To what degree does the big screen, rather than a novel, a work of art, an actor, or a monument identify Italy and Italians? And to what degree are we able to overcome, to change, our image after we have adjusted to an imprinting? Or rather, do we agree to leave everything in play and try to look at Italy and today's Italians with different eyes, not to be satisfied with iconic images, the representations that movies and TV have given for decades, but actually try to update them?
In other words, the process we should employ is the same one Dino Risi used with his film: today, the Italy that the great director depicted no longer exists but at the time he was able to paint it for what it was, with irony, drama, and even cynicism. He made Italians aware of who they were in those years.
The film review that San Francisco has devoted to this sacred beast of the seventh Italian art can be read as an invitation to read reality beyond the surface, to go beyond appearances to grasp the actual substance.
But it is also true that if cinema has greatly contributed to forging the collective image, then if today we think of Italy and Italians in a certain way it is a result of the way they have been depicted, and it is up to us to take a step forward, that is, to be able to understand where fiction ends and reality begins, what we want to believe and what is the truth.
This argument is valid both within and outside of the national boundaries because if cinema abroad has helped build a beautiful and happy image of Italy's Dolce Vita, at the same time it has stigmatized the mafiosity, even in its Italian-American transposition, with masterpieces like the Godfather which ended up associating the Italian word with absolute evil, as if it were part of the DNA of the Peninsula when, unfortunately, it has no geographical boundaries or genetic patrimony.
We need to take a look at Dino Risi, who was able to go deep and really bare the truth of things, banning hypocrisy and false myths.
These days, the 50th anniversary of the disappearance of Toto is being celebrated, the genius and absolute symbol of Neapolitanism and a slice of history, customs and Italian society. But to be clear, that’s only one part.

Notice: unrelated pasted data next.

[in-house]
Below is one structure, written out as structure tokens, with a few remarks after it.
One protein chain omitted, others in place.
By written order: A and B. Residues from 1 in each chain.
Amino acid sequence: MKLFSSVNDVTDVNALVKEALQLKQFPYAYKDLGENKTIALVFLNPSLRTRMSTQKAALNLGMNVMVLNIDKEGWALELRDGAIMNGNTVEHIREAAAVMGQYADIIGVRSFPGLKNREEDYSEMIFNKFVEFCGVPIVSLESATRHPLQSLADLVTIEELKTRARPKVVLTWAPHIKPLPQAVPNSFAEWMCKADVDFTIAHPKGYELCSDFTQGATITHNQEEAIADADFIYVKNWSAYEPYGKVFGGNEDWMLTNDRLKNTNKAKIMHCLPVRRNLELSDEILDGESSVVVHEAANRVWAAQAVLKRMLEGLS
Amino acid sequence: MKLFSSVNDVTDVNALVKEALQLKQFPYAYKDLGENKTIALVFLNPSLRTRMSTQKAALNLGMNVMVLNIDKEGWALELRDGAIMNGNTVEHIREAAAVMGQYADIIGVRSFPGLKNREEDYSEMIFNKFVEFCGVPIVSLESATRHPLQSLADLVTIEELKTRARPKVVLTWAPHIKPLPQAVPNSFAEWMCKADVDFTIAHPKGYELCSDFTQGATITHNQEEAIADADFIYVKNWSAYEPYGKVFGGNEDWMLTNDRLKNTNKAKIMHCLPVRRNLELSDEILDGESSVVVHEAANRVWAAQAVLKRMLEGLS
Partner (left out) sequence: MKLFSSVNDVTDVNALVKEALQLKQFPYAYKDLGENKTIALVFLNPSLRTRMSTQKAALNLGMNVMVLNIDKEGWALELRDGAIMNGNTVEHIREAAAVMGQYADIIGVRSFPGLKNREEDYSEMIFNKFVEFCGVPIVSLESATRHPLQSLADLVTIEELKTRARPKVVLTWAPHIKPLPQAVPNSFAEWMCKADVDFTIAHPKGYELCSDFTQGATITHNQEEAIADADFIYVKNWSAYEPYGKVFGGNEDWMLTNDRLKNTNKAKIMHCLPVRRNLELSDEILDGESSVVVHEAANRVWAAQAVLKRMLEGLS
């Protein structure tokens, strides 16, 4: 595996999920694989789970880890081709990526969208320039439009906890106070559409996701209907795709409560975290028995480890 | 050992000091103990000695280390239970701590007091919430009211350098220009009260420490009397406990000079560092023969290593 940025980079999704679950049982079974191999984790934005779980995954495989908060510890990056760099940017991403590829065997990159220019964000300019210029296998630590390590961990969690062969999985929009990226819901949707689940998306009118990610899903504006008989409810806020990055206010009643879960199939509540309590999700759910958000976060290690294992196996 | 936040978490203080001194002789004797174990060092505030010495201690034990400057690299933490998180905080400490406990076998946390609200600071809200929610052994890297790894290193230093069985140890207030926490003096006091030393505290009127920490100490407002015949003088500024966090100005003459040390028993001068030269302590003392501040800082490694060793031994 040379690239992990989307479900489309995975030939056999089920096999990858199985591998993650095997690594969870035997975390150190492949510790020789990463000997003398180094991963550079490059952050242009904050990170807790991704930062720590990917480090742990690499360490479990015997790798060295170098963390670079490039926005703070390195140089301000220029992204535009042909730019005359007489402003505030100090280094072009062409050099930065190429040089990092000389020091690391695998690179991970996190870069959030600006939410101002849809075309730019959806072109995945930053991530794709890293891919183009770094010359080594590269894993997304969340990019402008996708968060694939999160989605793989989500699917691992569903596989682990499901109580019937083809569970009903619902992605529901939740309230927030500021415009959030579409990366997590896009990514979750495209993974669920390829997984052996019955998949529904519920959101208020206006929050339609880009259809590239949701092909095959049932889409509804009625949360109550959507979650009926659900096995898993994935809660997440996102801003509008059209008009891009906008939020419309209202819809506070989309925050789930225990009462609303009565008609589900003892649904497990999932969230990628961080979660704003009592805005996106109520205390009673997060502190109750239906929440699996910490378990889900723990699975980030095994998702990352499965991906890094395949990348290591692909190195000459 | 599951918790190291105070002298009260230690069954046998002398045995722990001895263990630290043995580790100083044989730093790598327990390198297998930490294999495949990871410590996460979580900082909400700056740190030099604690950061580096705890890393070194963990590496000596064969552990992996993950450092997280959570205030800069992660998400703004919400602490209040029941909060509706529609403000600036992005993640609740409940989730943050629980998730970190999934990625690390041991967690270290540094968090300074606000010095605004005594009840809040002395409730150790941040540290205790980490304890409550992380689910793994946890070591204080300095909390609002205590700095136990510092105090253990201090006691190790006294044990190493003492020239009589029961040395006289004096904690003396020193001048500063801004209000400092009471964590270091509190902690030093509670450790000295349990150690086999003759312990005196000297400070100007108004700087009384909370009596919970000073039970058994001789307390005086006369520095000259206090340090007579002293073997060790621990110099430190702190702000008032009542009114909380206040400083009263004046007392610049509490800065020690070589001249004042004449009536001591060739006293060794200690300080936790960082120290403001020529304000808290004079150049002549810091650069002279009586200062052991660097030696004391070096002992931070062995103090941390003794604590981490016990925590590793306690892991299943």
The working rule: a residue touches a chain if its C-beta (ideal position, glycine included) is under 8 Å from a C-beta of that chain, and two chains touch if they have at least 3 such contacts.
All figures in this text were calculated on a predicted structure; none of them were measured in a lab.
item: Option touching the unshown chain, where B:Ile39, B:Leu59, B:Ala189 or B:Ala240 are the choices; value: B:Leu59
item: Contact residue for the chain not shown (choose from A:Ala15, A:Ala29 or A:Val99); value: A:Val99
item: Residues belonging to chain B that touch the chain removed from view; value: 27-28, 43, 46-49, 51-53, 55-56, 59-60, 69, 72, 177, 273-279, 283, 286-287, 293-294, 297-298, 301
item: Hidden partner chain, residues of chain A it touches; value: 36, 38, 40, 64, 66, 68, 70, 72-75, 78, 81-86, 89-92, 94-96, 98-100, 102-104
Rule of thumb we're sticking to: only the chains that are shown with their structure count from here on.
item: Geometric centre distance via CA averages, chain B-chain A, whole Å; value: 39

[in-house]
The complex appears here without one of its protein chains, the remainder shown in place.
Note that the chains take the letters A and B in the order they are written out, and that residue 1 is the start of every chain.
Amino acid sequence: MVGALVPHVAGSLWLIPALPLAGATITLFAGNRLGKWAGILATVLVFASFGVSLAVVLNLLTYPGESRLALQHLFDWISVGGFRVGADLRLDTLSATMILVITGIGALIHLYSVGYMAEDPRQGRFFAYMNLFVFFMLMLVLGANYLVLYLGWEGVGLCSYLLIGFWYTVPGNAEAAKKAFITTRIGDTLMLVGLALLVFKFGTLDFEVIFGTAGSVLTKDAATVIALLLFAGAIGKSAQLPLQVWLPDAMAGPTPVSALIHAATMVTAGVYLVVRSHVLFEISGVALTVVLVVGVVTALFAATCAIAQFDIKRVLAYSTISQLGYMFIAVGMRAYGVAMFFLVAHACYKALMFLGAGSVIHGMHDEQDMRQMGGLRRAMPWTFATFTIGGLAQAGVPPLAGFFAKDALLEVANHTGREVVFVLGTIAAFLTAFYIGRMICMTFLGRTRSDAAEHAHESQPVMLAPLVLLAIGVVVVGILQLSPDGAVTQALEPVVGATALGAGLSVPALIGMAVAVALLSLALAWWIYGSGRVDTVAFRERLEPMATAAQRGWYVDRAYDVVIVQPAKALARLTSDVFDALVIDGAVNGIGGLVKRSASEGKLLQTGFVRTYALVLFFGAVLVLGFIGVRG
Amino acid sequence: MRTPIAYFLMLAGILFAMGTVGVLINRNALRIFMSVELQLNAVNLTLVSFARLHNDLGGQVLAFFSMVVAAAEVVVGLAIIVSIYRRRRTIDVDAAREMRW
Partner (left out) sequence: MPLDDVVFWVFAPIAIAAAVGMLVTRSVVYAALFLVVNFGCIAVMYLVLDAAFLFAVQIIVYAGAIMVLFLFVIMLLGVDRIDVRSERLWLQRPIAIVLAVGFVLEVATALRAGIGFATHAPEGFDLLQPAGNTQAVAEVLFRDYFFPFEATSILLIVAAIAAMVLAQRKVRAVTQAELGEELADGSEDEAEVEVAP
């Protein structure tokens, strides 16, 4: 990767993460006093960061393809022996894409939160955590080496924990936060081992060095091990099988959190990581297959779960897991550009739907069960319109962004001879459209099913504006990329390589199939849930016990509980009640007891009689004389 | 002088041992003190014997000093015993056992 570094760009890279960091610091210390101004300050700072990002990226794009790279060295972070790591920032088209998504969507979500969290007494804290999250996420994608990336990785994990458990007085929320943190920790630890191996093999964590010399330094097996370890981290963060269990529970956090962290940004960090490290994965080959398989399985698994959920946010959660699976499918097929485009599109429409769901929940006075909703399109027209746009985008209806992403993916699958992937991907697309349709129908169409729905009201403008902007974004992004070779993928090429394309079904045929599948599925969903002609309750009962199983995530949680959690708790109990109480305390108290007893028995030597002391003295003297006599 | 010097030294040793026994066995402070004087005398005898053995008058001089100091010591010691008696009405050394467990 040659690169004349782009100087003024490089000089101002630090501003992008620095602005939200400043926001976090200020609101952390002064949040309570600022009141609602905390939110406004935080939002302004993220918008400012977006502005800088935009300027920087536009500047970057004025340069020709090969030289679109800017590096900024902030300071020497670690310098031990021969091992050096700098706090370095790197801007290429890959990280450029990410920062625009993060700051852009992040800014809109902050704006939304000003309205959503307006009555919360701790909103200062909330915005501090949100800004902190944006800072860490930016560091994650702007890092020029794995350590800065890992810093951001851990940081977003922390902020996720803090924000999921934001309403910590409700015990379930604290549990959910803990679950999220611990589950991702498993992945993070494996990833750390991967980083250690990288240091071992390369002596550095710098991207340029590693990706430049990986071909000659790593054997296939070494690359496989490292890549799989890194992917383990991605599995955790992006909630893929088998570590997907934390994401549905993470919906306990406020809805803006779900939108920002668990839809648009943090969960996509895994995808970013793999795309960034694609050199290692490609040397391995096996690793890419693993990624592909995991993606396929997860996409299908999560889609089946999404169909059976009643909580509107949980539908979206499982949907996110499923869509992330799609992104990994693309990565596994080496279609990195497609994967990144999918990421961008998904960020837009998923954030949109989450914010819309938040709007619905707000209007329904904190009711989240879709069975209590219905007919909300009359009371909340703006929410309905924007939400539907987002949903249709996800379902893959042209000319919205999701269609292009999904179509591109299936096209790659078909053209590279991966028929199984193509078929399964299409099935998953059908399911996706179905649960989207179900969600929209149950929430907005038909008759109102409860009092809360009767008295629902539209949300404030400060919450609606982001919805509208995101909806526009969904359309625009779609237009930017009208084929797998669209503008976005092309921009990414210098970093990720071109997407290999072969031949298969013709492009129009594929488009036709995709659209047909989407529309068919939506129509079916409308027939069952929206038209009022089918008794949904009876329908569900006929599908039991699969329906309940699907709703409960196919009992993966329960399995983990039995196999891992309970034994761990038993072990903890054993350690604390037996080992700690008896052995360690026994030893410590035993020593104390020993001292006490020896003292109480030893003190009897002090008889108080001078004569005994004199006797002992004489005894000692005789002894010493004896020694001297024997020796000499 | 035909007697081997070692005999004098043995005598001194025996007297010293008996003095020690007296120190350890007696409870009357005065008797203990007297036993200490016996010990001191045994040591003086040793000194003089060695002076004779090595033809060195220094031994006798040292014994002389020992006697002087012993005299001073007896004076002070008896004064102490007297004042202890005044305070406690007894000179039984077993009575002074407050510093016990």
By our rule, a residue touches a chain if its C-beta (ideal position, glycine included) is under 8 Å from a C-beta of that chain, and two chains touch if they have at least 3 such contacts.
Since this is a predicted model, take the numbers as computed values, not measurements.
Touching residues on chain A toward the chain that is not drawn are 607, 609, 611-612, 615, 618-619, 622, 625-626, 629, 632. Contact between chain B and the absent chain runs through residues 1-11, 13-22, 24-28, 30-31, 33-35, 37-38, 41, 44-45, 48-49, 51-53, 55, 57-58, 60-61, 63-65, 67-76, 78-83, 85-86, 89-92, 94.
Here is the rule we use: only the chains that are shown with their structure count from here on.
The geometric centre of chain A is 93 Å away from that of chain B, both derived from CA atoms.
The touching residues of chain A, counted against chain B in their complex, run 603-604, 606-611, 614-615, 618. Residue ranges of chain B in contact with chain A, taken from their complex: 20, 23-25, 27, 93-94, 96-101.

Without shifting from the cinematographic scope, in order to narrow the field of reflection, criticism in Italy is trying to set aside some conventions and pull out a bit of substance.
For example, it is said that Totò was an unequaled artistic genius, but the films he played (almost one hundred) were, and still are, in large part, quite terrible.
For Paolo Mereghetti, film critic of the Corriere della Sera and author of the Dictionary of Films (Baldini & Castoldi), “the same argument that can be made for Gary Cooper and Humphrey Bogart: not all films with Bogie are masterpieces but he was a great actor even in terrible movies.” Likewise, one can laugh or reflect upon the effective jokes and the scenic characterization of Totò but he was not King Midas, so everything he touched did not automatically become a great movie, even though no one, for this reason, will let you denigrate the gifts and talents of the “Prince of Laughter.”
However, Toto himself also acknowledged him: "He suffered so much that fact that he would not offer high quality movies, but when he did, he was very good because for example with Pasolini, who he was even able to make good, he was no longer just a mask, but a great actor.” Roberto Escobar, critic of Sole 24Ore and author of a monograph on Antonio De Curtis (Totò - Il Mulino), summarizes this very well in his interview with FQMagazine, adding that "the films he played are ugly, because Totò is more than his films.” In saying that, paradoxically, the so-called beautiful films according to their critique are those which "betray Totò", that is, they go beyond the character and make up everything there is more and more in Totò. As for Vittorio Gassman: if he had not met Risi and with him he had not begun to laugh (bitterly), he would probably not have become so great.
Returning to the beginning of the discourse however, these 97 films of Totò's, which mostly received bad critique, have other merit: they have created a character who has been cemented in the collective memory, they have built that continuum of images and emotions that today also belong to those who never even lived in that time period, as well as to the kids who have never seen the films. Toto has contributed greatly to constructing the collective image, but this iconic representation of his time did not describe all of Italy, nor was it a real snapshot of Naples. Above all, it is certainly not the Naples or the Italy that exist today.